Cheetahs Are Spectacular HuntersBy
Cheetahs are spectacular hunters. Many cats creep close to their prey and pounce on it. When tall grass is available, cheetahs will do that, too. But on the open plains, in a blur of speed, cheetahs can begin their high-speed chase from as far as 300 feet away.
Cheetahs do most of their hunting in the cool early morning or late afternoon hours. Usually they hunt alone. But a cheetah mother teaching her cubs, or a small group of two to four male cheetahs, may also hunt together. Cheetahs prefer to hunt gazelles, impalas, and other small antelopes.
Like other animals, when a cheetah’s favorite food is scarce, it will eat other foods. A hungry cheetah may go after ostriches, other birds, hares, lizards, and frogs. It may even eat bird eggs and fruit. In fact, an African fruit called the tsama melon is a favorite during dry weather, because it contains a lot of water.
After chasing its prey at lightning speed, the cheetah strikes the animal on the rump to knock it over. It will then hold the prey by the throat to cut off its air supply. As incredible as it seems, the whole chase lasts only 20 seconds, yet may cover as many as 1,500 feet.
Cheetahs hunt almost completely by sight. To look for prey, they usually climb on top of termite mounds or other raised places for a good view of the plains. Once they’ve spotted a herd, they single out a victim and the hunt is on. This mother and her almost-grown cub are looking for prey together.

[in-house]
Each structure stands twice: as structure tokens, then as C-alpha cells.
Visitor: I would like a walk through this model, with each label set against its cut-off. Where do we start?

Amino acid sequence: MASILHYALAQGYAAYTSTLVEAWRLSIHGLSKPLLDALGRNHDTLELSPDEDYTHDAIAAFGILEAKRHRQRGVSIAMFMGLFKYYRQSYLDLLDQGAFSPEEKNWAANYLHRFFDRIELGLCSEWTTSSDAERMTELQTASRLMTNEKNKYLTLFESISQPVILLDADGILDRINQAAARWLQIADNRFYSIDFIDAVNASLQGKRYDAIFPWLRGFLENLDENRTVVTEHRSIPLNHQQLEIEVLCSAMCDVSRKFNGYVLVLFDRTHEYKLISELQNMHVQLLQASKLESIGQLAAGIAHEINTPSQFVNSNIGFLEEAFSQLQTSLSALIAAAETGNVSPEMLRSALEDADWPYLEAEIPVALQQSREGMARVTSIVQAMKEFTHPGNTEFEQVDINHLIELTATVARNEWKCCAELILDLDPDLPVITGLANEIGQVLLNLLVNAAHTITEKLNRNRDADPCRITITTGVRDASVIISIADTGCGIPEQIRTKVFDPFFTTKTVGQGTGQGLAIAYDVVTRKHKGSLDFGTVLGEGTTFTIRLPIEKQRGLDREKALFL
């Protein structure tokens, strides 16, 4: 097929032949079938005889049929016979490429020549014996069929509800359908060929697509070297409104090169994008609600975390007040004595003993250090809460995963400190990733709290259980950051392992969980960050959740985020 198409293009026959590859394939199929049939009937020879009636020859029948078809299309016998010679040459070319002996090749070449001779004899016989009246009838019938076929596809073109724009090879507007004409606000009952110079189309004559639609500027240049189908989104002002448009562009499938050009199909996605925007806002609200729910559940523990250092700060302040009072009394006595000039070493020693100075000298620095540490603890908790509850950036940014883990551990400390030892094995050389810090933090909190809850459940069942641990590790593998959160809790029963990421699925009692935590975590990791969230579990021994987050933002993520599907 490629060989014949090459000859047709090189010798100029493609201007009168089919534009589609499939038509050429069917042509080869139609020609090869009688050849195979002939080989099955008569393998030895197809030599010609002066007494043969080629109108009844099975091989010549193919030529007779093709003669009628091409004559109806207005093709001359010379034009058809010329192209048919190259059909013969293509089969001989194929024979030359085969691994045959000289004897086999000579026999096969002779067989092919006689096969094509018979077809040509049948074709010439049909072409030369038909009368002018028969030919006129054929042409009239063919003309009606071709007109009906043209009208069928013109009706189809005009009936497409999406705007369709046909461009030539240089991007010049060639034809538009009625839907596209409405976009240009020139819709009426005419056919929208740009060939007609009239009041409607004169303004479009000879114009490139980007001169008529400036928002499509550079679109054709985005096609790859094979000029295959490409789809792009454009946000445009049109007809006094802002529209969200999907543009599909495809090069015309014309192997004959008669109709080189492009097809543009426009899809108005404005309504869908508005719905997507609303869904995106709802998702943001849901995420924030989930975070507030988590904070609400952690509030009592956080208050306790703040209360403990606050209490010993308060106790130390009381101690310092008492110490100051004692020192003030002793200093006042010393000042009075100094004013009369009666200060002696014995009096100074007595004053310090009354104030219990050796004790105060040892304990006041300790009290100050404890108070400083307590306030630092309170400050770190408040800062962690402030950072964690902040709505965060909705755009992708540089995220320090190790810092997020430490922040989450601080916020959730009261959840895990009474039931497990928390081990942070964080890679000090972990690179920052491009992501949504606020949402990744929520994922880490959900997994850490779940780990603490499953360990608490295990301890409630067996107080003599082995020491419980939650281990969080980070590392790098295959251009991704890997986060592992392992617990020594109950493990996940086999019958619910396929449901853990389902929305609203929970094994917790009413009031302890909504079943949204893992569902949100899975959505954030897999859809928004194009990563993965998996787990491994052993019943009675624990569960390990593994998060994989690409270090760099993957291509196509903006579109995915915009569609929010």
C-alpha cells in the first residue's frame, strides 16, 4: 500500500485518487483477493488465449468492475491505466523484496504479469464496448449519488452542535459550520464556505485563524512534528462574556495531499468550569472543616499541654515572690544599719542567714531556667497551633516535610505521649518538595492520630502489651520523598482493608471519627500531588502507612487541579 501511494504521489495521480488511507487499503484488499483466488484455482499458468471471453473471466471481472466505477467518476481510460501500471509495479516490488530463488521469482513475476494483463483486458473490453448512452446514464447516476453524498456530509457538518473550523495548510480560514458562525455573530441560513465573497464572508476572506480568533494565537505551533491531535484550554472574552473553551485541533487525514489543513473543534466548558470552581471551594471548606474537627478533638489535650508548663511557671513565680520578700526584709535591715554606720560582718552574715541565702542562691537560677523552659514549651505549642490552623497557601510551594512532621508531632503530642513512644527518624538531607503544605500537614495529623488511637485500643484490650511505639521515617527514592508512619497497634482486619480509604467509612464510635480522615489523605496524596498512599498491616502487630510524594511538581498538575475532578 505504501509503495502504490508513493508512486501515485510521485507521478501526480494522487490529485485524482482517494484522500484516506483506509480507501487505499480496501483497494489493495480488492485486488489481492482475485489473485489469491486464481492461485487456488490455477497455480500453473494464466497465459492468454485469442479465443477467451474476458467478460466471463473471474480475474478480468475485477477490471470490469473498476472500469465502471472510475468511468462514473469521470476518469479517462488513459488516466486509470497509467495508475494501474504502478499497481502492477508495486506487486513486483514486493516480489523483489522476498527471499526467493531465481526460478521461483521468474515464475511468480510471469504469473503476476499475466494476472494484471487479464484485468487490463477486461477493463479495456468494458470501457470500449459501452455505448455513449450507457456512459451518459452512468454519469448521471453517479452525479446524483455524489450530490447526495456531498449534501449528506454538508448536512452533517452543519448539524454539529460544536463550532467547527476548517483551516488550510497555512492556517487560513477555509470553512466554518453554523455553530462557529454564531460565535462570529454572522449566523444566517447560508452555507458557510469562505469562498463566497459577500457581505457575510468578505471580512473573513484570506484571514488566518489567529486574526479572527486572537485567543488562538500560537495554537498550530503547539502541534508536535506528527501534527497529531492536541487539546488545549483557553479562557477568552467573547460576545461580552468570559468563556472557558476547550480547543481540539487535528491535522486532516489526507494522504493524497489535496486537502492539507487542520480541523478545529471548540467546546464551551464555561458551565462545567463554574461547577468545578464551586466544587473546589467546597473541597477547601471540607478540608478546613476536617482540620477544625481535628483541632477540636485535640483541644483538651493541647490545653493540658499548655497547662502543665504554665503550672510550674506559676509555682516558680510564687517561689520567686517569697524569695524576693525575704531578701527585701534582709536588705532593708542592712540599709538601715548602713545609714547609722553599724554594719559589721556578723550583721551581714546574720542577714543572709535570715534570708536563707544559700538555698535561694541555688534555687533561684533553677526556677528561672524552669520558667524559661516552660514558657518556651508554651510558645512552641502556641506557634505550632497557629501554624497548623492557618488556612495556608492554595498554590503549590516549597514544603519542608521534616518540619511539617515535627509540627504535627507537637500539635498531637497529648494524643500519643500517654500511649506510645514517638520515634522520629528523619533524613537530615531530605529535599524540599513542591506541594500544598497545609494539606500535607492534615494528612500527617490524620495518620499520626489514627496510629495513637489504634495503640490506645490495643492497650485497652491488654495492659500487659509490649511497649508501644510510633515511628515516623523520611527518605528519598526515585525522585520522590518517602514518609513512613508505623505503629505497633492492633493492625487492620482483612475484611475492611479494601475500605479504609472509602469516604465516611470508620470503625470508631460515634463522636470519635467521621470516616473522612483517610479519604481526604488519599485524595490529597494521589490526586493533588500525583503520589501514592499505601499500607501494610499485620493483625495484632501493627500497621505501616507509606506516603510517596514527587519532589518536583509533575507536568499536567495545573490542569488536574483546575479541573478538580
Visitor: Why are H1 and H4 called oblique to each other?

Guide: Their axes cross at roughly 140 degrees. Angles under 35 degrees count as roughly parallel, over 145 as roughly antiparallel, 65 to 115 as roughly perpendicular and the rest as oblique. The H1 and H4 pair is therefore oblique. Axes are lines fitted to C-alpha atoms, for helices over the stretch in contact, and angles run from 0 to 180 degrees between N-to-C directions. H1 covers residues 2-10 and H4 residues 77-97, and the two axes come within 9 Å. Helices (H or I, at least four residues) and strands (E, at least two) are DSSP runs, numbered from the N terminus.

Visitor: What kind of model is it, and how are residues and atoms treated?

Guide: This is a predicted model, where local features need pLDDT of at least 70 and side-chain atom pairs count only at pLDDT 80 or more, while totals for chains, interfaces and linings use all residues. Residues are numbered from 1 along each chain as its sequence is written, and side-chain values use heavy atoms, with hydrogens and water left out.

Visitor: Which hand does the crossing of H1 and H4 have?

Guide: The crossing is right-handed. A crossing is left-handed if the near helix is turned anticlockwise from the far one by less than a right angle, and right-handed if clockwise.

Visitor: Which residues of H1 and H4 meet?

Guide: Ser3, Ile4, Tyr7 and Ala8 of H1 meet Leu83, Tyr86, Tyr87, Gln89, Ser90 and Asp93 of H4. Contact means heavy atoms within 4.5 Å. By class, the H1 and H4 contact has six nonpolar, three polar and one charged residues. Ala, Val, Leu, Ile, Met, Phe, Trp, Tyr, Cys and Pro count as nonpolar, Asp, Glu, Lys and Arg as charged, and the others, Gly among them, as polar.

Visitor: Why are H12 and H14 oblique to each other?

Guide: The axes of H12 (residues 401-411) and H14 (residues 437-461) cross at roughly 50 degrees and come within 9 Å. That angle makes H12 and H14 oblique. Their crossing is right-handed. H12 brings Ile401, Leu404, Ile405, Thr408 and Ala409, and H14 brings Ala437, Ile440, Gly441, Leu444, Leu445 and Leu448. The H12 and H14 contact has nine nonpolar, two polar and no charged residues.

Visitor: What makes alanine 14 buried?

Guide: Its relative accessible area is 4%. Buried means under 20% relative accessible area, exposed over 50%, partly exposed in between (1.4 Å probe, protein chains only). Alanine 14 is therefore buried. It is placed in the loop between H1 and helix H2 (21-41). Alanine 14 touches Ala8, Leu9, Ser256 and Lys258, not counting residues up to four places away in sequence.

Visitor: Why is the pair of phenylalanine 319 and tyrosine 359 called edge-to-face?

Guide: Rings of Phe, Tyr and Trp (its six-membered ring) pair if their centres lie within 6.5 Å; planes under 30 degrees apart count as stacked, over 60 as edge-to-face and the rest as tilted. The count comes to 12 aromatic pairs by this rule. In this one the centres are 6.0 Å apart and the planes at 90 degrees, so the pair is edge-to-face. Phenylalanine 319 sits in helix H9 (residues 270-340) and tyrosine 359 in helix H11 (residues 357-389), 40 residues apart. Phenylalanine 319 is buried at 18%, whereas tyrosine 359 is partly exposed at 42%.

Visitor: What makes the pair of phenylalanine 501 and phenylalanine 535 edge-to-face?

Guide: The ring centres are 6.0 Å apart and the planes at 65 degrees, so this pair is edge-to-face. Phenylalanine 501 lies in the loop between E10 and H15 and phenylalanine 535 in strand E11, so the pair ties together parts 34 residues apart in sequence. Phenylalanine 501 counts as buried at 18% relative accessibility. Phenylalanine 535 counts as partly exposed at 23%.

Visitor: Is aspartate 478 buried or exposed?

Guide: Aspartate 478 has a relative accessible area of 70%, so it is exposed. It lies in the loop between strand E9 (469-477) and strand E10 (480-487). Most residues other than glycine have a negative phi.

Even though cheetahs are very good hunters, they don’t always catch the meal they go after. Cheetahs tire quickly, and if they can’t catch their prey within a few hundred feet, they give up the chase. Only about half of all cheetah hunts are successful.
After making a kill, cheetahs usually drag their prey into the shade of a bush or tree. But they don’t eat it right away. They must catch their breath first! After a hard chase, even the hungriest cheetah may need to rest for up to 30 minutes before eating.
To scrape the last bit of meat from bones, cheetahs have very rough tongues. A cheetah’s tongue is almost as rough as a rasp—a tool that is used to file wood. If a house cat has ever licked you, then you know how rough a cat’s tongue can be. A cheetah’s tongue is even rougher than that!